Picture this: you are a newly-hired English Teacher that gets thrown into a virtual classroom. You have to find fast solutions to teaching online, to onboard all of your students, their parents and other, less tech-savvy colleagues. After months of emails, phone calls and thorough lesson planning you are left feeling that all that struggle was for nothing. What do you do next?
This thing might not be for me
In September 2020, children were returning to their classrooms. A handful of them lost touch with being a student in March of the same year. As a teacher, you had the duty of keeping the ball rolling for those that had the possibility and desire to learn while getting the others up to speed as efficiently as possible (whether they liked the idea or not). It was a hard challenge but things slowly got to a working state… and then the school got shut down again in November of the same year.
For some children and teachers that was a new opportunity to sit back, relax, and do something else (or simply do nothing). It was that general relaxed feeling that pushed me over the edge. It made me realise teaching (in a public school system) might not be where the thing I wanted to do for a career.
The miracle of my first .html file
After looking around for career options I had a lovely conversation during Christmas break with a dear friend that happened to be a Front-End Web Developer. She gracefully explained what her job title meant and, as a practical example, she walked me through the steps of creating a button on an interface. She touched on the idea of styling and logic for that button and I got intrigued. The idea of programming bounced around in my head but I never thought it was something I could ever do. Creating buttons felt easy enough though.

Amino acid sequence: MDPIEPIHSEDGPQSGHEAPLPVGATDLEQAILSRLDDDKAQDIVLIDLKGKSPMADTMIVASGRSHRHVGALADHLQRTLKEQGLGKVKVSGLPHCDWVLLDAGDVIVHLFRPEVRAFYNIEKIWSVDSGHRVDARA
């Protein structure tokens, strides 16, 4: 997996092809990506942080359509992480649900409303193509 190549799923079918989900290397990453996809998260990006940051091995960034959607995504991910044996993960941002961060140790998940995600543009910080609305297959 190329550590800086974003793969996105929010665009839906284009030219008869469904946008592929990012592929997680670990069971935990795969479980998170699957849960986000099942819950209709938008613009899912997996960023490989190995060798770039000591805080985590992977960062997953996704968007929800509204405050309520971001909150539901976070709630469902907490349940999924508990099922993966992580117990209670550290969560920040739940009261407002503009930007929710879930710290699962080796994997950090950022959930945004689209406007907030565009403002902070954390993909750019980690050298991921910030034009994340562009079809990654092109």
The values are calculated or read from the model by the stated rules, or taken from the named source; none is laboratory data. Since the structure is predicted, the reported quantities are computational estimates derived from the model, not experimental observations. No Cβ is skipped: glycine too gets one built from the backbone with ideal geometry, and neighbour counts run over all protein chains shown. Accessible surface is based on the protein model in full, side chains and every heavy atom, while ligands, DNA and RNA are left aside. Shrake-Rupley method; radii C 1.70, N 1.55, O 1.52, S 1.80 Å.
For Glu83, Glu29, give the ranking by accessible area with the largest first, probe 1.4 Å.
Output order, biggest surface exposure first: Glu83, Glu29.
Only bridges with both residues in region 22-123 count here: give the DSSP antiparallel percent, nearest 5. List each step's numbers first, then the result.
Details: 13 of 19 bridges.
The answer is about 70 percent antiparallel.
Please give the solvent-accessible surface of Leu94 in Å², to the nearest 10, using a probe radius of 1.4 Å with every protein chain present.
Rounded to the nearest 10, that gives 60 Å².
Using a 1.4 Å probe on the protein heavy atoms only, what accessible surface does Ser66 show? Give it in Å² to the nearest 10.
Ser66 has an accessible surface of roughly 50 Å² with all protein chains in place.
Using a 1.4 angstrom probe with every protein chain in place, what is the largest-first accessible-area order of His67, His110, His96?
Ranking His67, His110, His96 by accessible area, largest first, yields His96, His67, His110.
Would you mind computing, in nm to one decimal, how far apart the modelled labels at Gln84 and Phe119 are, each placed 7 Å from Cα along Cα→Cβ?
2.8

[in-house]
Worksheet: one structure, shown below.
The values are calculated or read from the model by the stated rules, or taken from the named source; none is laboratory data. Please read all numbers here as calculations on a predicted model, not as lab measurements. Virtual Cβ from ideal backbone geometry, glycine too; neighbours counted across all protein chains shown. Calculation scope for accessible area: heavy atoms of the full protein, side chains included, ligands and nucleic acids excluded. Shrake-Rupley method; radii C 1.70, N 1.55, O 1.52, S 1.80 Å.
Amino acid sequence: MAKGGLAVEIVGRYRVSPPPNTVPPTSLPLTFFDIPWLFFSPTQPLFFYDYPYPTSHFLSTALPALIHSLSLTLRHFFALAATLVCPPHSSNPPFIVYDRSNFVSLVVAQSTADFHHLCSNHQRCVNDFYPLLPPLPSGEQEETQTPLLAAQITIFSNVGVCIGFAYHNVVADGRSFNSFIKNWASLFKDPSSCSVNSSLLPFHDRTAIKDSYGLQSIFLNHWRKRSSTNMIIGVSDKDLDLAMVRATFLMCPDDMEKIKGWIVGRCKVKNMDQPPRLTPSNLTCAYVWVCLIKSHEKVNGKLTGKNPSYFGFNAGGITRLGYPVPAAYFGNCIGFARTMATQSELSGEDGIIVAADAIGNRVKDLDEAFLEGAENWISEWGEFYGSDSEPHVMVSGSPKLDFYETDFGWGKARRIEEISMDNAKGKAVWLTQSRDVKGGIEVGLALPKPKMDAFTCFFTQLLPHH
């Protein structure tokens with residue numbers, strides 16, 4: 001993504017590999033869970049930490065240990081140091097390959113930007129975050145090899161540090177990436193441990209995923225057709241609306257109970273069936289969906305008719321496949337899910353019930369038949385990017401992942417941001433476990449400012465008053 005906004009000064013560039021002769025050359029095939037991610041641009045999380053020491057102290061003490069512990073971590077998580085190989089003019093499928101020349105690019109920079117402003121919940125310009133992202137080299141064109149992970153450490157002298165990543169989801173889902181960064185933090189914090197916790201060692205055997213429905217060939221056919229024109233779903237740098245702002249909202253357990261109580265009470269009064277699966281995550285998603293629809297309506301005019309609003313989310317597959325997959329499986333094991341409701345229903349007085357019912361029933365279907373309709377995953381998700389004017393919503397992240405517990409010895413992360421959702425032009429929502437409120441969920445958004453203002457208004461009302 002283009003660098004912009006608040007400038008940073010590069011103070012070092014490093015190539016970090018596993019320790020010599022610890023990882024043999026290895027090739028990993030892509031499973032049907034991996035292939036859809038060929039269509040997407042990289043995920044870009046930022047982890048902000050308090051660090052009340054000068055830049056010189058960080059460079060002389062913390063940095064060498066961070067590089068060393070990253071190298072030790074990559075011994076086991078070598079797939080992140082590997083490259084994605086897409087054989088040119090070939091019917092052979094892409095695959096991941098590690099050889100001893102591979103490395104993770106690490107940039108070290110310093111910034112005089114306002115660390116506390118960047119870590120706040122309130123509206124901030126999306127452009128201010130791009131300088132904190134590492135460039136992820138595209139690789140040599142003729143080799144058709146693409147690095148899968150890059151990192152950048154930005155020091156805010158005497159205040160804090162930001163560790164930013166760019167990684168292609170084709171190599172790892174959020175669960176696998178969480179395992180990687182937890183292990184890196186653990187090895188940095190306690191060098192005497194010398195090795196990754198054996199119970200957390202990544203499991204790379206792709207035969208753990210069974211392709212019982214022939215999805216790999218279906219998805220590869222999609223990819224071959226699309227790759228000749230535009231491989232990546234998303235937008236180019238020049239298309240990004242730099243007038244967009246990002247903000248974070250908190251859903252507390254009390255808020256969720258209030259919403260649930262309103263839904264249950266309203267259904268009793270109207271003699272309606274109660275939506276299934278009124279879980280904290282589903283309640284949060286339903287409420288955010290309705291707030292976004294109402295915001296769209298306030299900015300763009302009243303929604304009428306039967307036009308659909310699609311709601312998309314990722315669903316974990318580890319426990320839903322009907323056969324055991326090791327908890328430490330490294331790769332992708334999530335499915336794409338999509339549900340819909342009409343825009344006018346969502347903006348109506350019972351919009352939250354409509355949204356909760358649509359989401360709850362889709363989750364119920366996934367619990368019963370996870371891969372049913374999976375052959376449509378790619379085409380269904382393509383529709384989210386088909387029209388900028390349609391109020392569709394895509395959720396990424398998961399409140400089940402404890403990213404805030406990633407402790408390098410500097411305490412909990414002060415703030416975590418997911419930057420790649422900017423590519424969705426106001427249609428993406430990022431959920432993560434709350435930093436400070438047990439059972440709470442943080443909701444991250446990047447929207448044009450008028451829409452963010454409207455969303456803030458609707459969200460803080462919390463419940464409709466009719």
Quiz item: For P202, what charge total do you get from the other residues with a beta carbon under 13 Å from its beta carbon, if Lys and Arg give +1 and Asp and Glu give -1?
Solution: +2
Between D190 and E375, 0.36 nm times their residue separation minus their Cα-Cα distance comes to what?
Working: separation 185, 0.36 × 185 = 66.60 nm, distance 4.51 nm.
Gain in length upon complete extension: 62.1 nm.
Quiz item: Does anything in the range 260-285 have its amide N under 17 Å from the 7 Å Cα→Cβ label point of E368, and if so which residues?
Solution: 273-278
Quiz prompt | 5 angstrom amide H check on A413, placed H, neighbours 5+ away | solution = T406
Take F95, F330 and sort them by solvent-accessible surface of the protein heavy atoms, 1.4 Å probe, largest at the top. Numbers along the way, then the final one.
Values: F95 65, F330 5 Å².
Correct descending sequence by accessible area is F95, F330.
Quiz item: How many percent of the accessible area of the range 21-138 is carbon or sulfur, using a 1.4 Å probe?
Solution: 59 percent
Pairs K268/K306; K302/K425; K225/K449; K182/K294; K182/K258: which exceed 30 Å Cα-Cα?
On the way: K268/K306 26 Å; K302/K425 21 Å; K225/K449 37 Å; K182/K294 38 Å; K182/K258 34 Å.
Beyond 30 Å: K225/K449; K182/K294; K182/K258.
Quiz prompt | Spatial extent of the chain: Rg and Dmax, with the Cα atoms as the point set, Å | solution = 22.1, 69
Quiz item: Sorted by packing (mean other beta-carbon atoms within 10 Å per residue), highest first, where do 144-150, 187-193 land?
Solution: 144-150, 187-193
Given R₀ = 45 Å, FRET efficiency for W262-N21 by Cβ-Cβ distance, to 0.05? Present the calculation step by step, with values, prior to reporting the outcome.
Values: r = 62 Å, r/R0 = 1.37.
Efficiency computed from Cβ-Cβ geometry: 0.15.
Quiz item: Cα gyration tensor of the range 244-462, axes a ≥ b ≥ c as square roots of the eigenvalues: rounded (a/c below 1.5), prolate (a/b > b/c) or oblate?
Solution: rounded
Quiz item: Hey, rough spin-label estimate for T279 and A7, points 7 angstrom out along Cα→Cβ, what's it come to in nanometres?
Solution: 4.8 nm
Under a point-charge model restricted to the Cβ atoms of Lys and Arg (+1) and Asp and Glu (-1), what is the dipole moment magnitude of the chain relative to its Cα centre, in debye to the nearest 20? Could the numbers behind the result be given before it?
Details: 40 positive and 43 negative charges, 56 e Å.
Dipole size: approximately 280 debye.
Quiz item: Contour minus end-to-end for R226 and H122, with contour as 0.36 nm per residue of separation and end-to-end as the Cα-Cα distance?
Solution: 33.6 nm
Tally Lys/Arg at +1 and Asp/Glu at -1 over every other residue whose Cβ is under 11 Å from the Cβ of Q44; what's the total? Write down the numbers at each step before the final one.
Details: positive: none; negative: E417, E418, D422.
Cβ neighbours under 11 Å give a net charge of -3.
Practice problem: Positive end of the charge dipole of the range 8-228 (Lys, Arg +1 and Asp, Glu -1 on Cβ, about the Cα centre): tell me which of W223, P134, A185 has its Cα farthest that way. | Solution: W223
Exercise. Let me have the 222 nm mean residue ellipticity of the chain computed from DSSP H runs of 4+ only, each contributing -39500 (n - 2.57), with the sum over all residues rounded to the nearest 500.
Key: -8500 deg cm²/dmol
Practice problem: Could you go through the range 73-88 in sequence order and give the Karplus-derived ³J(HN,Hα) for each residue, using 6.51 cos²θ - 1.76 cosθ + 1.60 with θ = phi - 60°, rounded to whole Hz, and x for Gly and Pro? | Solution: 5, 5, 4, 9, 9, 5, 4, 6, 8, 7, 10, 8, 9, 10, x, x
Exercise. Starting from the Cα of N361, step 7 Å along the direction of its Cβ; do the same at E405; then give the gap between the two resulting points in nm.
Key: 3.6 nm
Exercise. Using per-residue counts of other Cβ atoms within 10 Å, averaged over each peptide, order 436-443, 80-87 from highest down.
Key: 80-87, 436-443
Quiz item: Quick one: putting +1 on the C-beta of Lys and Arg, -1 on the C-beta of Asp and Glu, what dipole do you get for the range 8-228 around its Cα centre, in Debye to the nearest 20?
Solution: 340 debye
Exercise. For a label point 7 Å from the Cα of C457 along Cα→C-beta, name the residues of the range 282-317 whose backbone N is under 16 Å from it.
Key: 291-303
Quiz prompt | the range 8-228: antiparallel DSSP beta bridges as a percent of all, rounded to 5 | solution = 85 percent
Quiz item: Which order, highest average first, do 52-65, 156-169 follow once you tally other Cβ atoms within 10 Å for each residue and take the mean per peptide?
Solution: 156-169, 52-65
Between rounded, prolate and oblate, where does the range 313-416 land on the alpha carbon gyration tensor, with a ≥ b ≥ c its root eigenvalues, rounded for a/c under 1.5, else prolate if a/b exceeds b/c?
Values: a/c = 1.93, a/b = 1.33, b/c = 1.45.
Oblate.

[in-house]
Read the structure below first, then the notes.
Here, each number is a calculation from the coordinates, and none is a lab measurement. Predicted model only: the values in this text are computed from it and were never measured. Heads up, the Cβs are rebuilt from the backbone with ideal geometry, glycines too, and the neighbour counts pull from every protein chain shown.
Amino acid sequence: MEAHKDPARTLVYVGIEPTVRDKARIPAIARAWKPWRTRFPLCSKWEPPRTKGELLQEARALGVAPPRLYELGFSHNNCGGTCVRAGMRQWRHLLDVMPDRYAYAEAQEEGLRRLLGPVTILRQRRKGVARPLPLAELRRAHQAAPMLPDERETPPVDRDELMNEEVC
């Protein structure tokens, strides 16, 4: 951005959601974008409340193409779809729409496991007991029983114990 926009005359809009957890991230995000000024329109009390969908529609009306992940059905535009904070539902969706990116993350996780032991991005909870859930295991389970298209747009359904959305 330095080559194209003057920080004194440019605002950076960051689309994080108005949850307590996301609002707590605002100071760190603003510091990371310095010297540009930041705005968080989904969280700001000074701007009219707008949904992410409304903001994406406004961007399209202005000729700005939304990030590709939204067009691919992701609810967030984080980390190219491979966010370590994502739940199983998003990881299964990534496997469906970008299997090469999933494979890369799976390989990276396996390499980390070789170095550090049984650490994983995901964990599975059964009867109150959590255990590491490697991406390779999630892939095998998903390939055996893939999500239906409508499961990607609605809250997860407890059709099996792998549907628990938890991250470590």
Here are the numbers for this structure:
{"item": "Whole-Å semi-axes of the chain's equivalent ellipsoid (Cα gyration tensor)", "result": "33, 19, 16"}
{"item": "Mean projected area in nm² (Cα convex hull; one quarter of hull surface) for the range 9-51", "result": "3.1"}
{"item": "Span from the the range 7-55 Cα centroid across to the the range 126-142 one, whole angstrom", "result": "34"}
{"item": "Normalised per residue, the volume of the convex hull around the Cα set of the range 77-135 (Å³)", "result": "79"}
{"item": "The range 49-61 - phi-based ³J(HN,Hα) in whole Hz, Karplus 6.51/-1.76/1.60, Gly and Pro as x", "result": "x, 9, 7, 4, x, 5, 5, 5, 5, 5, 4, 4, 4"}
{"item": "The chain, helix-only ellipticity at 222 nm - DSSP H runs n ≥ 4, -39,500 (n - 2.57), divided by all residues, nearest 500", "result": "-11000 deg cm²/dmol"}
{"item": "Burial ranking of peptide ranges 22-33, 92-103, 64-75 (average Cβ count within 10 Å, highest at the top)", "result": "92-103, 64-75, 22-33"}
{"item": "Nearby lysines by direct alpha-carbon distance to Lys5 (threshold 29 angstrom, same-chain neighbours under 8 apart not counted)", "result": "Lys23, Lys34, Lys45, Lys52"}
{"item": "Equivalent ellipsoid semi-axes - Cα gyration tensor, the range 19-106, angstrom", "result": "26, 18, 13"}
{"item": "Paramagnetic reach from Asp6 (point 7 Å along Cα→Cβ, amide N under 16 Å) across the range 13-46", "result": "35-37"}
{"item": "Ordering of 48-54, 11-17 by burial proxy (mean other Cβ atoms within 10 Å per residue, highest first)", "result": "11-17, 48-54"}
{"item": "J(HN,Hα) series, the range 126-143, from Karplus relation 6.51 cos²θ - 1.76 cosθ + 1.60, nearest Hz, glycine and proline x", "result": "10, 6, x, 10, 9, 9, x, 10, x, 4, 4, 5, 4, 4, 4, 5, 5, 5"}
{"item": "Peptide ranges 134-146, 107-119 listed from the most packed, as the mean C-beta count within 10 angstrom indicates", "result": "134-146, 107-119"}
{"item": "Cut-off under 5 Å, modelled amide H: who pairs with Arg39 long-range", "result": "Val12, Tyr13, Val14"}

A week later I plucked up the courage to watch someone create a button and make it appear on the screen. I opened Notepad, copied the symbols the tutorial gave me and, lo and behold, I had a button in my browser! From that point on I got hooked.
Venturing beyond buttons
The beginning of 2021 came with the desire to learn web development. It would be just a hobby activity in the beginning, a way to dip my toes into the water of a potential new career path.
Life keeps getting in the way
After those four months of training my baby boy was born as well. I was suddenly a teacher, a father, an M.A. Student during the day and an aspiring developer by night (way too far into the night). A month into forcing myself to do everything I noticed I wasn’t as eager to learn as I was to sleep.
It was at that moment I had to sit down with myself and leave one of my responsibilities behind. Out of the four, only two of the responsibilities were negotiable: finish my formal studies or, well, continue with my other studies. My brain told me to finish my M.A. and do the right thing. My gut told me if I threw my M.A. studies away and pushed the development pedal harder I could make something out of it.
I trusted my gut. Needless to say, my gut was right.
My first failed interview